- Appealing to a younger labor force: As the workforce gradually evolves to include a greater proportion of members of Gen Z, the coaching leadership style helps better equip organizations to reach and attract the talent in this labor pool. Members of Gen Z expect more professional development efforts from their employers than those in previous generations, and they tend to place greater importance on opportunities for career development and upward mobility.
- Succession planning: The average tenure with a single employer is now just 4.1 years, according to the U.S. Bureau of Labor Statistics, and younger workers in particular have a growing list of items on their resumes (their average job tenure is 2.8 years). This makes it difficult for leadership teams to put adequate succession plans in place, and many organizations will struggle with succession planning in the coming years. Those that emphasize coaching leadership are best positioned to overcome this hurdle and groom junior leaders for senior management positions in the future.
The 5 key coaching leadership qualities
While there are numerous qualities that constitute the coaching leadership style, the combination of the following five skills distinguish it from other leadership styles:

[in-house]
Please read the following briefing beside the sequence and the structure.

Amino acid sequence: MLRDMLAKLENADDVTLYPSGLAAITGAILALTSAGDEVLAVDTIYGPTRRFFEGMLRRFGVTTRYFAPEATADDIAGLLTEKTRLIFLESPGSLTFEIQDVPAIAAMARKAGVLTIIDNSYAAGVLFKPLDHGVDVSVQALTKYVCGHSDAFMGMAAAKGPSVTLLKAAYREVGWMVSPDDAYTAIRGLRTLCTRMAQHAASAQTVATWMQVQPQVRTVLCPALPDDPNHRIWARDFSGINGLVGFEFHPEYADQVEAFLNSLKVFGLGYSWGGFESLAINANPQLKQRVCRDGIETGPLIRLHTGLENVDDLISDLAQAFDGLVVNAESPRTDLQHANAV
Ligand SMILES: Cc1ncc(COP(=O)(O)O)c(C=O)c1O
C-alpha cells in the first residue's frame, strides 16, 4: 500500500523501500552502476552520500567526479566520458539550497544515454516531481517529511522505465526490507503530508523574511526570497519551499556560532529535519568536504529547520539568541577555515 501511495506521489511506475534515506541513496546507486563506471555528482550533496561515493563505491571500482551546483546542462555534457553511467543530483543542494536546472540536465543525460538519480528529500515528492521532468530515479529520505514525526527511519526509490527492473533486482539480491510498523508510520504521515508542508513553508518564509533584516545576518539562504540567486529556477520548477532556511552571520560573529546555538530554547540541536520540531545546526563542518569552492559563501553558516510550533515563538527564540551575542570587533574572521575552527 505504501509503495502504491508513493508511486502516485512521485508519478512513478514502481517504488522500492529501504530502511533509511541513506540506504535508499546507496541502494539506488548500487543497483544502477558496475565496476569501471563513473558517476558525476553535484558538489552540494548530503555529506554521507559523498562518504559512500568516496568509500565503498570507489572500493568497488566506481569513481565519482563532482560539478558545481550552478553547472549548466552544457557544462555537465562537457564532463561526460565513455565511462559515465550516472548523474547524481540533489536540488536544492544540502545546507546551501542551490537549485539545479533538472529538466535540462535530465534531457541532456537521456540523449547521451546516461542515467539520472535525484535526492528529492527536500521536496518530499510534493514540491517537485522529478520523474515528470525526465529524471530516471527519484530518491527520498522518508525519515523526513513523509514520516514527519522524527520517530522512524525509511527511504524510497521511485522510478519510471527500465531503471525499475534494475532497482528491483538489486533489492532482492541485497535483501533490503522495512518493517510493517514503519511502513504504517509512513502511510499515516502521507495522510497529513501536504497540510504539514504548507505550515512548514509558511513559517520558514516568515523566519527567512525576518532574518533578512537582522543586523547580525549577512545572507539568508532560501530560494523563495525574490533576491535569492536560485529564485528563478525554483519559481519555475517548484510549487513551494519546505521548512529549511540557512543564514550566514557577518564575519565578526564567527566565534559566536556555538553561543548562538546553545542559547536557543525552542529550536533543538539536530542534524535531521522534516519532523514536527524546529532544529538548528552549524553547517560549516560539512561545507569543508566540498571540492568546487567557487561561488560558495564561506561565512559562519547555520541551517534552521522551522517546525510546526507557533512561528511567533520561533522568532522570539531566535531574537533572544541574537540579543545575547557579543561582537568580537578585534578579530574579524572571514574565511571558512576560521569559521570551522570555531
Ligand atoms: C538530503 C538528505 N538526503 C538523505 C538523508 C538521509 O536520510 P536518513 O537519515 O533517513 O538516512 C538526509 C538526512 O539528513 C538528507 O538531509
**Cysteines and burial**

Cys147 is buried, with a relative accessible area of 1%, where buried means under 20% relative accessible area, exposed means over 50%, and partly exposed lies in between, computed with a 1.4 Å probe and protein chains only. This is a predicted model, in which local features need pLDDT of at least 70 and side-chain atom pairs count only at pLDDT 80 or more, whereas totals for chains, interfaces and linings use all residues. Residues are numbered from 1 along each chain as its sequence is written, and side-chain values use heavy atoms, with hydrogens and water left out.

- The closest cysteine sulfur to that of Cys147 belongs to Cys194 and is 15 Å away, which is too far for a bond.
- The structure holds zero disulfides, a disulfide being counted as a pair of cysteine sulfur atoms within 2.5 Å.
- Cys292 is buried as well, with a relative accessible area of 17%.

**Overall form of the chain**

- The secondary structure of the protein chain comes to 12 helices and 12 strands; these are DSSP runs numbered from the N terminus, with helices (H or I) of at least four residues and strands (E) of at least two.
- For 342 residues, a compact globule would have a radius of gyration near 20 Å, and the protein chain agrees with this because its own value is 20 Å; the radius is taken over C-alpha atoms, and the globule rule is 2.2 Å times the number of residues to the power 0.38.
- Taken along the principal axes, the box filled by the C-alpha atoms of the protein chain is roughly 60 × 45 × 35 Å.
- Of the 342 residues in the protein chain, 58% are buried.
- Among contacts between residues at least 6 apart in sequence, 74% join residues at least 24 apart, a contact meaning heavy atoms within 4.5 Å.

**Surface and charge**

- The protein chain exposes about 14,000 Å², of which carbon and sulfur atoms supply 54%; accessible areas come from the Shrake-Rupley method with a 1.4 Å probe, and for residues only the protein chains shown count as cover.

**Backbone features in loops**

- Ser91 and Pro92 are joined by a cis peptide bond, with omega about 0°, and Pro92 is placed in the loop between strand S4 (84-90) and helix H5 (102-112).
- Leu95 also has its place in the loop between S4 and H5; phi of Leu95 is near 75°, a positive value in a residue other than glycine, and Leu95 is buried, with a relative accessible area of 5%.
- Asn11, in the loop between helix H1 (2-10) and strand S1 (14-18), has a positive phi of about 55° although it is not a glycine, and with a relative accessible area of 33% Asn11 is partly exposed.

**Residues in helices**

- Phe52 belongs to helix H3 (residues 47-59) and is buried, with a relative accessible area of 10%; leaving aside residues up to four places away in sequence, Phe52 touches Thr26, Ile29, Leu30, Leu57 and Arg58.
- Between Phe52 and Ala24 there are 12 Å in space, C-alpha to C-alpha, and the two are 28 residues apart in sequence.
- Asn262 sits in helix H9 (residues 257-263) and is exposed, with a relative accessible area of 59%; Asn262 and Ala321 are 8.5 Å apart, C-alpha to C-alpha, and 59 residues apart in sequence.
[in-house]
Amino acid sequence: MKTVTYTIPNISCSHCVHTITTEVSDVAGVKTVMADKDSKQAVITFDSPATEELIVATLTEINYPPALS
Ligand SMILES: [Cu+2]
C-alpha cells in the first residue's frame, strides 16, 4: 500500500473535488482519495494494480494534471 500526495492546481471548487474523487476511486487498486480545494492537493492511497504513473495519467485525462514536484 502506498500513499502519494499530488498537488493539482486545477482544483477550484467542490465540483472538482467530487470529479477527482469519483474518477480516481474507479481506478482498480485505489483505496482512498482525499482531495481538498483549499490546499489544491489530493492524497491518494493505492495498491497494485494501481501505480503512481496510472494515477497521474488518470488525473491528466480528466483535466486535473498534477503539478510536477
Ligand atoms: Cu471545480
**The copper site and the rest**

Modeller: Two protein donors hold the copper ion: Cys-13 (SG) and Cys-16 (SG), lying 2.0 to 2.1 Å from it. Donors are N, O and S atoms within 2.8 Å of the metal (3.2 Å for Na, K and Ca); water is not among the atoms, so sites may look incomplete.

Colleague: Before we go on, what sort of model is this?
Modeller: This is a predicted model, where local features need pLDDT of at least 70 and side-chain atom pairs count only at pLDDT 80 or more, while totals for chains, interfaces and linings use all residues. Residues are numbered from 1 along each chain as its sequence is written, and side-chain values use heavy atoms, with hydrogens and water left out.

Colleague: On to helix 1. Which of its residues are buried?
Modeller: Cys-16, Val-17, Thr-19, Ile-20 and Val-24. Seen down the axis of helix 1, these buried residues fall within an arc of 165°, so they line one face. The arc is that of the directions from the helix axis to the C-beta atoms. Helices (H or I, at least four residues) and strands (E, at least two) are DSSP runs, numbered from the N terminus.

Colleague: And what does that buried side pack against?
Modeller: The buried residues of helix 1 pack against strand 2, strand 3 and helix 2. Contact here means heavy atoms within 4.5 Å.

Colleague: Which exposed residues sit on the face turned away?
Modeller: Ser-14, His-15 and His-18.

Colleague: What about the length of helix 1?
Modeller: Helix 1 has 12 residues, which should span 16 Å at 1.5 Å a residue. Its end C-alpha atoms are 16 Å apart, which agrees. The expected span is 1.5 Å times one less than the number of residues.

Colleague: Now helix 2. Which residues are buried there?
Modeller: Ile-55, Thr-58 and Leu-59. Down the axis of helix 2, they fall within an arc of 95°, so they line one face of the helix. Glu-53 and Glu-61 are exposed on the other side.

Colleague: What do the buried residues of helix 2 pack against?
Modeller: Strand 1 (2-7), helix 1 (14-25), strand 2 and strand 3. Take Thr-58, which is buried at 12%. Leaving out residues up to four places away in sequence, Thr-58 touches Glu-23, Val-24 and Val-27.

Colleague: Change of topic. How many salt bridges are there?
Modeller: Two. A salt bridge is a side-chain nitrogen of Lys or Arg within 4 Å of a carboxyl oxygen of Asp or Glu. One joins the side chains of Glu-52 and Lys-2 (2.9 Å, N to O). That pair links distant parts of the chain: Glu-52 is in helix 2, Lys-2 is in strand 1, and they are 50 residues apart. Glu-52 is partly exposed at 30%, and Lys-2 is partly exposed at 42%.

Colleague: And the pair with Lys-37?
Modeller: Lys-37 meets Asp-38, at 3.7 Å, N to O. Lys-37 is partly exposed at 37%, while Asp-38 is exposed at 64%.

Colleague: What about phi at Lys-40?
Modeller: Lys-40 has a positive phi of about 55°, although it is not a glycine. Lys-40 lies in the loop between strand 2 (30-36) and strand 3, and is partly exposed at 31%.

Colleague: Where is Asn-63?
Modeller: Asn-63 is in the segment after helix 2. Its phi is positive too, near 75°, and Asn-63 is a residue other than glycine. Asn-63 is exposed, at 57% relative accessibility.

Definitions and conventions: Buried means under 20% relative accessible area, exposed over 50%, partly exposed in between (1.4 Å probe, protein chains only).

1. Risk taking
Risk taking has twin benefits for organizations governed by coaching leadership. On the one hand, taking measured, calculated risks encourages innovation and keeps the organization at the cutting edge of developments in its specific industry. When risks pay off, there are huge rewards in terms of growth and market share.
On the other hand, the natural downside of risk taking is that it doesn't always pay off, and sometimes things go south. That isn't a problem for organizations with a coaching leadership style. When taking risks doesn't work out as intended, these moments are recast as opportunities to learn from mistakes, coach teams accordingly, and take smarter risks in the future.
Learning and nurturing are at the heart of the coaching leadership style, and that means coaching leaders must create an organizational culture that is highly collaborative and encourages teamwork. Creating ample opportunities for individuals to interact with one another maximizes the chances of learning new techniques, methods and approaches. It also means team members can learn from their mistakes and develop better ways of addressing problems — together.
Collaboration also helps more individuals become involved in the functioning of the team, helping them feel like valued members with important perspectives, insights and knowledge to contribute. This is an important part of learning each employees' strengths and weaknesses, while also giving them space to practice critical leadership skills like delegation, problem-solving, and conflict resolution.
3. Long-term planning
Those with a coaching leadership style always have their eyes on the future. Preparing the next generation of leaders means understanding future trends in the industry and how those will impact organizational needs; then, using that information to identify high-potential employees who are best suited to lead in the future.